I've been playing around on Swivel for a bit this morning, and it's one of those tools that's like hot cocoa on a cold day for plannerly types. It is still in preview/beta mode, but will get better as more and more people upload data and info.
Here's a chart (featured today) on Second Life usage that shows the high usage of the virtual world's average premium resident vs. the relatively low usage of the average regular resident, a category I'd fall in:
The store locator function on a lot of websites is often hidden or takes a lot of looking in the small type to find, so I use google maps to find businesses. It saves quite a bit of time and eye strain.
Yesterday I logged onto the site yesterday to find the closest REI, and (drumroll please...) google now offers the option to connect you through to that business for free. What a feature, it made my day.
The call feature has to cost them something, but it's worth paying a few pennies per call to build more loyalty to their maps site. With stuff like this piling on to what they already offer, even if I get lost using one of their routes I'll still keep coming back.
NEW YORK—Determined to circumvent Justice Department action forestalling the release of his powerful new operating system, Microsoft CEO and evil genius Bill Gates dropped Windows 98, coded into liquid form, into New York City's water supply sometime this past weekend.
I finally found the perfect mountain bike. After researching on the topic for weeks online, going to several bike shops, and talking to friends who are into the sport, I ended up buying a friend's older bike, in part because it was less intimidating than the other options.
It was a hellish process, I went into several bike stores and was intimidated by the lingo and the general vibe of the store - as a beginner I didn't feel like I belonged. Even after having a good grasp of things after reading some stuff online, I just didn't know the right questions to ask and was worried that I'd buy something that wasn't worth what they were charging or a bike that would break down in a year.
Then I saw this story/case on United's in-flight magazine (thanks to a boss, Kelly S.) and it all made sense. The story is about gear/shoe/bike everything-except-the-frame maker Shimano and its partnership with IDEO in an attempt to build a bike that gets more people into cycling in general, a product that reaches out to more people than to the bike gearheads.
Here's an excerpt:
Ideo equipped team members with hidden cameras and had them follow ordinary people into bike shops. The results were revealing. Consumers often were confused by the myriad offerings: road bikes, racing bikes, hybrid bikes, comfort bikes, recumbent bikes, and mountain bikes, just to name some basic categories. Many were intimidated by the staff as well. “It’s scary to see this shaved-leg, extremely fit cycling guru who talks in jargon and technical terms and say, ‘I just want a bike,’” says Ray Keener, the president of Growth Cycle, a producer of training programs for the bicycle industry based in Boulder, Colorado.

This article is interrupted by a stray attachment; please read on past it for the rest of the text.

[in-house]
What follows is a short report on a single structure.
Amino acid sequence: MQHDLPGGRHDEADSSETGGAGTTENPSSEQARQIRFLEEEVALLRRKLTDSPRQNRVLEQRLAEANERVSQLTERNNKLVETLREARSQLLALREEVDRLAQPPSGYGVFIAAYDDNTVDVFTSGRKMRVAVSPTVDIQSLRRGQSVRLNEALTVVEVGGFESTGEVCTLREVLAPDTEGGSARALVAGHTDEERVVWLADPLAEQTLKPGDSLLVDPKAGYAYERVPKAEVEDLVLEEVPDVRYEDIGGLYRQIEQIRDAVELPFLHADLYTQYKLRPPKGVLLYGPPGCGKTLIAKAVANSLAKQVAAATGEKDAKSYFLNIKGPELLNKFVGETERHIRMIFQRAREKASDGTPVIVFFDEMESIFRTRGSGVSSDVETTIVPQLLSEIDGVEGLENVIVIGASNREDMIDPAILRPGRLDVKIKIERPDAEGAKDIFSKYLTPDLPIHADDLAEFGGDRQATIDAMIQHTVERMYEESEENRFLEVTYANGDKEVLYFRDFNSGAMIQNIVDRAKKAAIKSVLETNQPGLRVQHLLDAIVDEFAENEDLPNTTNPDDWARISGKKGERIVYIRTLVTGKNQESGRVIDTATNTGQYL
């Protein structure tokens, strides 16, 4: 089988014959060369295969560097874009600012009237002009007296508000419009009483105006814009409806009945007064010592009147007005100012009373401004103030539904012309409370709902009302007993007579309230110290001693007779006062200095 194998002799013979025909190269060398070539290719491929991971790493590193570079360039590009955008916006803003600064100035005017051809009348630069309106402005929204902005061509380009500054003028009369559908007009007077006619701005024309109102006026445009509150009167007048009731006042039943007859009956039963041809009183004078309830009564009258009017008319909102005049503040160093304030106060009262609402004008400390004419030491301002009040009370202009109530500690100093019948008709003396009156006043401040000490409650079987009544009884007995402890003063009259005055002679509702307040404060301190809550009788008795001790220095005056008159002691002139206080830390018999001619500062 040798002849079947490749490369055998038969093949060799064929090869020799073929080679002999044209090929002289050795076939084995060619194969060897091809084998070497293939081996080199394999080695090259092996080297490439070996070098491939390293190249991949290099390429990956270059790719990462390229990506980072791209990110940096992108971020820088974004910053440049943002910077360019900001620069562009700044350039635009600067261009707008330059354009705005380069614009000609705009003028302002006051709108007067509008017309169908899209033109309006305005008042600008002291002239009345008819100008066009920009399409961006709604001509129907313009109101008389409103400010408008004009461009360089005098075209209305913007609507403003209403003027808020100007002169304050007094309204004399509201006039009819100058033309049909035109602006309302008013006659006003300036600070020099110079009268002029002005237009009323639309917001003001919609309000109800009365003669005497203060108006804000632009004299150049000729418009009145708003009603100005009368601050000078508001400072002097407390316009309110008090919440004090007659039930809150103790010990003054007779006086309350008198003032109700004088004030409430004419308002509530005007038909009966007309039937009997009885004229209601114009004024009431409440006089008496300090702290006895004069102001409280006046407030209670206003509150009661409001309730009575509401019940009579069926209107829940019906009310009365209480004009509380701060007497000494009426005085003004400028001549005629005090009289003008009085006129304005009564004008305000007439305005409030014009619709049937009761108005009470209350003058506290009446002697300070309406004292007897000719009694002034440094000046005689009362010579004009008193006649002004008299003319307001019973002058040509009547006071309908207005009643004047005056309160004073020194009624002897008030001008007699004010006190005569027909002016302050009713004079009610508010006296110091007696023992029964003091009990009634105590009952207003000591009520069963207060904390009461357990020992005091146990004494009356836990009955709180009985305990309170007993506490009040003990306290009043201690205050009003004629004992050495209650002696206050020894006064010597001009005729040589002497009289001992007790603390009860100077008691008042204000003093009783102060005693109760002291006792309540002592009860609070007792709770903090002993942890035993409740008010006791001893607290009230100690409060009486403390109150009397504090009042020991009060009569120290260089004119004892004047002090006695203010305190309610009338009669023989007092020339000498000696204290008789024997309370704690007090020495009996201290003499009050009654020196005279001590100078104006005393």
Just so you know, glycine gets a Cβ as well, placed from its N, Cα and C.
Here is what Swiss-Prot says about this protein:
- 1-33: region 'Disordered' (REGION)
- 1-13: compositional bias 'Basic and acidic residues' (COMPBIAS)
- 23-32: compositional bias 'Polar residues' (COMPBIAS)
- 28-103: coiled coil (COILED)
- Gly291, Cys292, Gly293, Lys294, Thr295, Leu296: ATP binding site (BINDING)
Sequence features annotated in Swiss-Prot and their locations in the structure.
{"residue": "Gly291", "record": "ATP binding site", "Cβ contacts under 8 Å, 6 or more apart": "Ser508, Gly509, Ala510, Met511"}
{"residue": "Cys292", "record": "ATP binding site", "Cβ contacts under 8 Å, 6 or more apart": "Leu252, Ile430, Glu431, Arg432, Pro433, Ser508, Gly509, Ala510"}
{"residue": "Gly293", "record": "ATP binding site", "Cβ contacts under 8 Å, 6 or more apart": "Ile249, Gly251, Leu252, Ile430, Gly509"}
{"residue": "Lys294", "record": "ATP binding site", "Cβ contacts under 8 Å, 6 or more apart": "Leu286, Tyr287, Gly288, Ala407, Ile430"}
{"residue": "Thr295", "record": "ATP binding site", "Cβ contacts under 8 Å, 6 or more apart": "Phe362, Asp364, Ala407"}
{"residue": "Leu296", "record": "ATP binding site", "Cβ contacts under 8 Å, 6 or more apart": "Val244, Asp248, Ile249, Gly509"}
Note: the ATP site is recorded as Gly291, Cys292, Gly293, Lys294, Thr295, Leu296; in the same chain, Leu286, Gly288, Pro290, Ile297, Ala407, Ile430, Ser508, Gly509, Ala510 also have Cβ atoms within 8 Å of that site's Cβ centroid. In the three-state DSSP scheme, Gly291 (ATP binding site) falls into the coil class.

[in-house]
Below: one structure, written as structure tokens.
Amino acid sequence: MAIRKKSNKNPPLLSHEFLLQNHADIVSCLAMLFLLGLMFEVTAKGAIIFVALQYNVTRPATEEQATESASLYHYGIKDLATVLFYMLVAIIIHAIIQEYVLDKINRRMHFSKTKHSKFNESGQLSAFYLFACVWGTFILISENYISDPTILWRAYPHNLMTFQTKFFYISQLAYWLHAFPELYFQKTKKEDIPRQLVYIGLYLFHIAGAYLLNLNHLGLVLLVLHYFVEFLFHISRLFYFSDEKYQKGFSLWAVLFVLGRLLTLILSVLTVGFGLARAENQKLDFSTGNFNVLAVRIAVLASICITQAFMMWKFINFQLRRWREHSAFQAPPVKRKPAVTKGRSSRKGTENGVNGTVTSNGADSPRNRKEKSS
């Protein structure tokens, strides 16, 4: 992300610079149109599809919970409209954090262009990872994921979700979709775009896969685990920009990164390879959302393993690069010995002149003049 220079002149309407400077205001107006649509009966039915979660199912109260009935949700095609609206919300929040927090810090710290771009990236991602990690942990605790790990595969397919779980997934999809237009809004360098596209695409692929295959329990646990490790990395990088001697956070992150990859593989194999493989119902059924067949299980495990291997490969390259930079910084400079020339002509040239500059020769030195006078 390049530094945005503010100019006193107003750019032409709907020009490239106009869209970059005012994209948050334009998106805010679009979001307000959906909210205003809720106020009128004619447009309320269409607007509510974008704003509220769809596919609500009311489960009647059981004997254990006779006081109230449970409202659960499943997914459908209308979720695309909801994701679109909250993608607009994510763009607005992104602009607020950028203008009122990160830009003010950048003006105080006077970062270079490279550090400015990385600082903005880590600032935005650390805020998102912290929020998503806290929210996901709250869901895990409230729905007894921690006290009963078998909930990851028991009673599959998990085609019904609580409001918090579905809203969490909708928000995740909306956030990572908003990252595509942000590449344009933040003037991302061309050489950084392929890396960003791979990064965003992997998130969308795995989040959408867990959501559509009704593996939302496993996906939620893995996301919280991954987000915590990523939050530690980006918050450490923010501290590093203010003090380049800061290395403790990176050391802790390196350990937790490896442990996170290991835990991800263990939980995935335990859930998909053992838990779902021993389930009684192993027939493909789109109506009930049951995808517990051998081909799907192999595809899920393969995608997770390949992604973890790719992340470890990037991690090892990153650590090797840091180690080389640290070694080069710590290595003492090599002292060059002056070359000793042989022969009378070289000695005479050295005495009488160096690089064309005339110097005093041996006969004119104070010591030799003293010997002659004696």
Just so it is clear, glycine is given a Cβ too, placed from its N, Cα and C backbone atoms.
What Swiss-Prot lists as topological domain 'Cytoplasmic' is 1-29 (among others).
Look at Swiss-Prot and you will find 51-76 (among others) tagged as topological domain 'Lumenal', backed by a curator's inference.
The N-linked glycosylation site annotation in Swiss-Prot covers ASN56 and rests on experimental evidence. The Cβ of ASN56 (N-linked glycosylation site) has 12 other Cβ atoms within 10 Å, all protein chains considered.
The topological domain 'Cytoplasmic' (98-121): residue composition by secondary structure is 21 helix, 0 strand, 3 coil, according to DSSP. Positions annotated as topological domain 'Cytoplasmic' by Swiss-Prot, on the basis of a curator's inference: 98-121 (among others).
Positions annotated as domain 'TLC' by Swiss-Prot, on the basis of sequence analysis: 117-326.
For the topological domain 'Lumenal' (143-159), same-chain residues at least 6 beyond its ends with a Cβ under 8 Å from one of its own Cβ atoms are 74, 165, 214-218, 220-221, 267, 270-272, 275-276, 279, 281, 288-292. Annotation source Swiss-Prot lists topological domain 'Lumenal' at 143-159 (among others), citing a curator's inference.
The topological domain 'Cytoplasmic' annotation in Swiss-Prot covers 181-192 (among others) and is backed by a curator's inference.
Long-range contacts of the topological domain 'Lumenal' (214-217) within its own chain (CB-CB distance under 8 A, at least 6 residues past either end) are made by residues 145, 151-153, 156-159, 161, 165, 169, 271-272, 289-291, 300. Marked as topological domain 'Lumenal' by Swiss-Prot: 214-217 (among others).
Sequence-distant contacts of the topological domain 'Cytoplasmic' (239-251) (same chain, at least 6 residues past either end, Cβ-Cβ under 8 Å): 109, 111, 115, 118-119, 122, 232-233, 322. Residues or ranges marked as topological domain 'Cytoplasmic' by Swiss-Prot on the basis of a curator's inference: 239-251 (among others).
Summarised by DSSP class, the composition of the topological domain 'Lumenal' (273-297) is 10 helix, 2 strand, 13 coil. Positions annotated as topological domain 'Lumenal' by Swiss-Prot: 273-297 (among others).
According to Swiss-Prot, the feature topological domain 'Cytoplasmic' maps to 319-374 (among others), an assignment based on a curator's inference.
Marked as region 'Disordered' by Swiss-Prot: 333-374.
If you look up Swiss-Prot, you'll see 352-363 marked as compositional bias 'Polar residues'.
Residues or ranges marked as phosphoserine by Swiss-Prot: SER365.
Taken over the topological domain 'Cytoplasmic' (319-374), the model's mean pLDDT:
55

The typical reaction? “They run out of the store screaming,” says Jay Graves, who owns The Bike Gallery, the largest independent dealer in Portland, Oregon.
To give bike aficionados a taste of their own medicine, the Coasting team gave OEM representatives and a select group of dealers an assignment: Go to a cosmetics counter and buy $50 worth of products. The memory of facing down a battery of face creams and hair gels still makes Trek’s Price cringe. “I was genuinely uncomfortable. I didn’t know what to ask for or where to start,” he says. “It was exactly the same feeling I saw in the people in the Ideo videos—‘I have no idea what I’m doing here.’”
So Kevin tagged me a long time ago and I thought about not writing this post as it seems a bit too late, but I do feel obliged to write it. So, here are 5 things you don't know about me. As for other people to tag, I tag the other writer of this blog, John, to get one up on this topic, and I've looked around and there's really no one left for my other 4 tags...
1. I'm not into reality tv, but did get into Beauty and the Geek. It's one of those things that I can't really explain. 2. I was a part-time waiter/bartender for 6 years. It was great experience for thinking on the fly, relating to lots of different people, and learning food, drinks, etc. But I'm glad that it's over, anyone who's done it will know what I mean. It's a rough way to earn money. I tip like a crazy man now, too. 25-30%. 3. You could call me a pen snob - I've tried a bunch of pens out but still haven't found one that's quite right. I just can't use those little $0.10 bic pens. They stifle my ability to write. 4. I have a soft spot for pop music at times. It's my windows up music. 5. The classic scene from Something About Mary has haunted me to this day. It makes me want to abolish the zipper from pants everywhere.
There's been quite a bit of discussion recently about the future of music. This month's Fast Company has a fantastic piece on Musictoday - who along with artists like Beck and Barenaked Ladies are changing the way the industry is headed. Musictoday takes charge of the unsexy part of the business that is selling concert tix and also physical goods from a warehouse. The t-shirts, shot glasses, etc. helps artists generate name recognition and build that personal relationship with fans.
As artists start to give away tracks for free on myspace and their own websites, like Clap Your Hands Say Yeah has with their new album, it may free up some wiggle room in fan's pockets to buy that t-shirt or concert ticket. If I'm given a cd from a friend and I like the band, I make an extra effort to go to a show, artists get more of that $ anyways - maybe others will start to feel the same?